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U.S. National Security Export Controls and Huawei: The Strategic Context in Three Framings

Note:

Below is the text of the eighth paper in the ACIS Papers series produced by the Office of the Under Secretary of State for Arms Control and International Security. This paper may also be found in PDF form on U.S. State Department website.


U.S. National Security Export Controls and Huawei: The Strategic Context in Three Framings

by

Dr. Christopher A. Ford

Arms Control and International Security Paper Series

Volume I, Number 8

May 22, 2020

In this latest addition to the ACIS Papers, Assistant Secretary Ford discusses recent U.S. moves to restrict transfers of cutting-edge U.S. technology to the Chinese technology company Huawei, explaining these steps and placing them in the strategic context of a great power competition with the People’s Republic of China (PRC) brought on by Beijing’s geopolitical revisionism, exploitation of such firms to steal and divert foreign technology to support the Chinese military, abuses of human rights in China itself, and employment of companies such as Huawei as tools of strategic influence.

The United States, along with its Allies and partners, are today in the midst of an extremely important shift of approach when it comes to national security export control policy vis-à-vis the People’s Republic of China (PRC) – including with respect to the Chinese technology company Huawei, the world’s largest telecommunications equipment manufacturer.  Under the Trump Administration, the United States has made some very significant changes to our export control policies and regulations, but it is important not merely for the policy community to understand these changes in themselves, but also for everyone to understand the reasons for them and the strategic context in which these adjustments are embedded.

Accordingly, this latest in the State Department’s ACIS Papers series attempts to provide the background for three major tranches of Huawei-related changes: (a) the placement of Huawei on the Commerce Department’s “Entity List” in August 2019; (b) the adjustments the United States announced in April 2020 to the “military end-use/user” (MEU) regulations and the “CIV” and “APR” license exception categories; and, most recently, (c) changes to the Foreign Direct Product Rule (FDPR) with regard to the export or use of high-technology semiconductor equipment and design tools.  This ACIS Paper will thus situate these adjustments in the full context in which they need to be understood – specifically, as part of an ongoing U.S. effort to respond to the challenges that have unfortunately been created by the PRC’s manipulation and exploitation of China-based entities (and Chinese citizens) in support of the Chinese Communist Party’s (CCP’s) efforts to remain in power in the PRC and to seize for itself the commanding heights of military and technological power in the mid-21st-Century geopolitical arena.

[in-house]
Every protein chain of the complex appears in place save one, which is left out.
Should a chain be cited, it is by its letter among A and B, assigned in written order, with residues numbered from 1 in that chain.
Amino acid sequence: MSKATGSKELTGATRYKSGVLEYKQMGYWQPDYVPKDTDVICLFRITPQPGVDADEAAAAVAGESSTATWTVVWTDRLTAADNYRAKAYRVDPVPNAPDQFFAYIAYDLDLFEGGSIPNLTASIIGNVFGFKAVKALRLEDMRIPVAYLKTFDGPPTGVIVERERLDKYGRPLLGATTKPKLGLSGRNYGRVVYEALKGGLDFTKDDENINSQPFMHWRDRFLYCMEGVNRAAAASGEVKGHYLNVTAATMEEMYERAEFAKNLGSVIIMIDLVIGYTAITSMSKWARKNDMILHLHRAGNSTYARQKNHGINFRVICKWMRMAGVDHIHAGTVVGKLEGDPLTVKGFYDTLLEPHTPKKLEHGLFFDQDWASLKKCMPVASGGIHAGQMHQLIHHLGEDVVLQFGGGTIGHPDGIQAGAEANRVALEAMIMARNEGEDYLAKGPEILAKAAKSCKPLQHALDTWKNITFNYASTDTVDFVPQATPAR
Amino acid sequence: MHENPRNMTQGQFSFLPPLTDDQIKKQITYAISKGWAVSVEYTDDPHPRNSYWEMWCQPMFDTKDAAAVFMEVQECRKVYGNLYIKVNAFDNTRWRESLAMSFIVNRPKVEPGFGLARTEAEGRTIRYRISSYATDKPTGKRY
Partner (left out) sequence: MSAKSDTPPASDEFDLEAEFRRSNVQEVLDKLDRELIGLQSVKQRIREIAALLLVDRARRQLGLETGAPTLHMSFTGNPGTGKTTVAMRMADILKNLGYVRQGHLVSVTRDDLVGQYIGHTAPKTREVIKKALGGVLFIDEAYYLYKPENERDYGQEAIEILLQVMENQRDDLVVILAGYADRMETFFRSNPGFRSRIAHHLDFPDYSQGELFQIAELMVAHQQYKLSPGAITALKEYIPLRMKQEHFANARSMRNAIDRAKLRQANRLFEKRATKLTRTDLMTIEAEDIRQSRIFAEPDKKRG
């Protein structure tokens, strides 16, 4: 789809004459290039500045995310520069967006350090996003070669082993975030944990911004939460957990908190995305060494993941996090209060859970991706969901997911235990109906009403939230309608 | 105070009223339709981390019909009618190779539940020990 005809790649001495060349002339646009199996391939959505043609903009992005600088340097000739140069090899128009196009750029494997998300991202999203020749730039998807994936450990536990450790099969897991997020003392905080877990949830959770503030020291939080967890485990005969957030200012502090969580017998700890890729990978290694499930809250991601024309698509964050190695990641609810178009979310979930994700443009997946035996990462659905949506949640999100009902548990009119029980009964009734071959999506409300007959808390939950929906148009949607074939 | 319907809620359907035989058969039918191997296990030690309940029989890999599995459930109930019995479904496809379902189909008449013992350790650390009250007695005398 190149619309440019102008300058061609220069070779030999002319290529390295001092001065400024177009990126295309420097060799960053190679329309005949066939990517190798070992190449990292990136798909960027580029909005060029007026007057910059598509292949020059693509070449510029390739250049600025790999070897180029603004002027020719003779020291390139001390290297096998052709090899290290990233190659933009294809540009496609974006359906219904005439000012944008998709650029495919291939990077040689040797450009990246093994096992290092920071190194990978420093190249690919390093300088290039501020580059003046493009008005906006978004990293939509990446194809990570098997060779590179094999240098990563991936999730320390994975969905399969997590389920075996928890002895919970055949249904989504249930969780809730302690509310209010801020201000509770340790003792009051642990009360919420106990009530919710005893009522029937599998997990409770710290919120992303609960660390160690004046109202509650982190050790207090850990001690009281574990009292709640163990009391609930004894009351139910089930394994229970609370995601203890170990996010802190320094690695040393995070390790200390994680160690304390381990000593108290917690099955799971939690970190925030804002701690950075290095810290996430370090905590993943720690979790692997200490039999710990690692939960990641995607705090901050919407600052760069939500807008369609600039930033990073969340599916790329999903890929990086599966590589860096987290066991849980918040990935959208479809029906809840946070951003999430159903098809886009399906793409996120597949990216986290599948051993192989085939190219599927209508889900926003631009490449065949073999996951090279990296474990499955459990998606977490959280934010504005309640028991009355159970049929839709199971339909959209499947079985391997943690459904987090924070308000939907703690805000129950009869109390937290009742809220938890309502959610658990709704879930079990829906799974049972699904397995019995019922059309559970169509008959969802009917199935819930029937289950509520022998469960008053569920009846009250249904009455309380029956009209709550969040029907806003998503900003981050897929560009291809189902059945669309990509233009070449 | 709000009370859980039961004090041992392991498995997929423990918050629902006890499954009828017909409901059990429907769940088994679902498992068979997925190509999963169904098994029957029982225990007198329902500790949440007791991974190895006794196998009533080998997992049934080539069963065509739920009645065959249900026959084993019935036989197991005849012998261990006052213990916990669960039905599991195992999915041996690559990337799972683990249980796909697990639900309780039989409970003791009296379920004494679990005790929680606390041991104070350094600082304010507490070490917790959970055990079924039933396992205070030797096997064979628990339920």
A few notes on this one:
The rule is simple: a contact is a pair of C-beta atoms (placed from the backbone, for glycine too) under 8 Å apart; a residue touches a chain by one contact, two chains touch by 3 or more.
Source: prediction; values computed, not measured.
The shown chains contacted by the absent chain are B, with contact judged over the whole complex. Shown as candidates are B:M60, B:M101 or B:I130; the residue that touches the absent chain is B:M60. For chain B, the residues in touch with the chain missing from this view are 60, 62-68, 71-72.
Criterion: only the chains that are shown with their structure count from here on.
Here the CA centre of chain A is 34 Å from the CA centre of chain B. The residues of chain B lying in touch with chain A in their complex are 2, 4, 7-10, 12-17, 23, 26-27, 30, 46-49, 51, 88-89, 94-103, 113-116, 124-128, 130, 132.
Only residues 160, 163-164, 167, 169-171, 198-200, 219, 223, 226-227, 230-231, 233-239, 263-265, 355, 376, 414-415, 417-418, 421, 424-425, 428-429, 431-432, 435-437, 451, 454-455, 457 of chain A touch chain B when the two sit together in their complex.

I.          Three Perspectives on the Huawei Policy "Landscape"

To help elucidate the context in which the “Huawei problem” is embedded, and which has necessitated these export control changes, this paper will look at that problem from multiple angles.  Huawei is a PRC-state-supported information and communications technology firm that serves as a tool of manipulation and influence for the CCP, both at home and abroad, and of course the company is therefore nothing whatsoever like a beautiful ancient Chinese painting.  Nevertheless, I hope the reader will forgive a loose analogy to Chinese art as we look at the challenges Huawei presents to the United States and to many other countries around the world.

It is not uncommon in Chinese landscape painting – as seen, for instance, in the early 11th-Century masterpiece Travelers among Mountains and Streams by Fan Kuan, a classic of Northern Song landscape painting that is currently in the permanent collection of the National Palace Museum in Taiwan – for an artist to employ multiple different perspectives in the same painting.  This ancient approach made no use of the “laws” of one-point linear perspective later articulated in the Italian Renaissance during the 14th and 15th Centuries.  Instead, works such as Fan’s Travelers often painted the foreground, middle ground, and distance as if each were being seen from a slightly different angle, yet at the same time.  This was not so much a technical failing, one presumes, than it was simply a way to help the viewer appreciate a landscape more fully – albeit less “realistically” – than is arguably possible with merely a single, quasi-photographic perspective.  Such overlapping perspectival framing permitted immediate visual access to more facets of a scene than could be directly apprehended from a single vantage point.

Taking that artistic insight as inspiration, therefore, this paper will offer three overlapping and complementary perspectives upon the Huawei challenge that the Western world faces today, and upon what we in the U.S. Government are doing to meet it.  Each of these framings is valid, significant, and compelling in its own right, but the reader will benefit most – and be able more fully to appreciate the U.S. position – by having all three of these overlapping and complementary perspectives spelled out distinctly.

A.          Technology Theft

The first of these perspectives has to do with theft – specifically, the theft of cutting-edge U.S. technology by the PRC acting through its instrumentality Huawei.  In this respect, the Huawei export control saga began in January 2019, with the indictment of Huawei and one of its affiliates by the U.S. Department of Justice for a range of crimes – specifically, bank fraud and conspiracy to commit bank fraud, wire fraud and conspiracy to commit wire fraud, violations of the International Emergency Economic Powers Act (IEEPA) and conspiracy to violate IEEPA, and conspiracy to commit money laundering.  In short, as one U.S. Attorney described the situation, the indictment charged that “[f]or over a decade, Huawei employed a strategy of lies and deceit to conduct and grow its business.”